country’s newest hurling clubs – the Akron Celtic Guards.
As mentioned earlier John O’Brien was elected as registrar in 1960, at the time he was based in Montreal but a few years later he would make the move to Cleveland where to this day he is enormously active in the Irish community where he serves as President of the West Side Irish American Club. The Kiloom, Co. Roscommon man migrated to Montreal in 1956. He was a member of the Cleveland St Pat’s team that won 3 Senior Men’s Football titles from 1962-1964 and also played in the exhibition games against Co. Down.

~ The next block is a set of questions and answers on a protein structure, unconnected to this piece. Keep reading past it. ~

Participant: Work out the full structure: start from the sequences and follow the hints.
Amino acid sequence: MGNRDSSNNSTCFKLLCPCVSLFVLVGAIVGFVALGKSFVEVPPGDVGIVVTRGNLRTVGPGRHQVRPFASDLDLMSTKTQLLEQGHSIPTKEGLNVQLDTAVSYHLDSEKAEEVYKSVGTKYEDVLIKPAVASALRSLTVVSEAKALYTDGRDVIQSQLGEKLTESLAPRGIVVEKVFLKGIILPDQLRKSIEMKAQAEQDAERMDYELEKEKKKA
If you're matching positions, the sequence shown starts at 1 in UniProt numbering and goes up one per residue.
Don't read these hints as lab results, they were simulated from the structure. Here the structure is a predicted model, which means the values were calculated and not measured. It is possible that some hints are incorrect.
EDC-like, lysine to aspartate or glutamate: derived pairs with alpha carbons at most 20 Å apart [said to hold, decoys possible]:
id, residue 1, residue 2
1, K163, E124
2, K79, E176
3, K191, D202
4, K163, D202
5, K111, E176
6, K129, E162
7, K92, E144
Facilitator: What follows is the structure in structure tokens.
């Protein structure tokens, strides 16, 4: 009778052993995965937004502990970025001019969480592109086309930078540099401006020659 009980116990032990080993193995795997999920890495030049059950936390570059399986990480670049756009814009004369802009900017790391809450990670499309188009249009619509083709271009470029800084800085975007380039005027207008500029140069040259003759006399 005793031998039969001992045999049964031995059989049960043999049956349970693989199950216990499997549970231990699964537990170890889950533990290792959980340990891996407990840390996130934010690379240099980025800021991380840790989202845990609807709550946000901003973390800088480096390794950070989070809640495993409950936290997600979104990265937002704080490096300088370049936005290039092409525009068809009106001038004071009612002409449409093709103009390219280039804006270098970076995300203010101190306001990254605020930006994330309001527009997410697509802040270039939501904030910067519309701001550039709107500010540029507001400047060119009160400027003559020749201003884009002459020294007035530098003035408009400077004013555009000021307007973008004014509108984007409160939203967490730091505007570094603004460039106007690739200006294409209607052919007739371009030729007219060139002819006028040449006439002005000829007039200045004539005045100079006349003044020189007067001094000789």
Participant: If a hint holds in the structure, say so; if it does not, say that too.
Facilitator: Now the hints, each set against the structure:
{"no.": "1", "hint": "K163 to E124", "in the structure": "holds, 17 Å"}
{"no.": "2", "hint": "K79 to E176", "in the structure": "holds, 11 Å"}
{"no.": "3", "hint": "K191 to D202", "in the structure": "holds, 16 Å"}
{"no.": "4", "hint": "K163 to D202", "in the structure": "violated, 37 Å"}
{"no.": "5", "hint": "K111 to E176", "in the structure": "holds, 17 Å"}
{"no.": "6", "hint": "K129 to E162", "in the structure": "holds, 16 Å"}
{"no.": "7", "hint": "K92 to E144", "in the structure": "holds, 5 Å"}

Another huge advocate for the GAA out of Cleveland was the late Sean Gannon, a native of Newport, Co. Mayo. Sean first came to Cleveland in 1962 and was a member of the Cleveland St Pat’s Senior Men Championship winning side, having only been on the country for 2 weeks at the time. Soon after this Gannon would also become involved in the administration of the games in North America. He was elected vice-chairman in 1979 and went on to serve as NACB Chairman in 1980-82. Sean also spearheaded the revitalization of Cleveland St Pat’s in the 1980’s – ‘90’s and in 1988 spearheaded the permanent move for the team to the playing field at the West Side Irish American Club, where they still play their home games. Sean died in May of 2002.
The GAA in America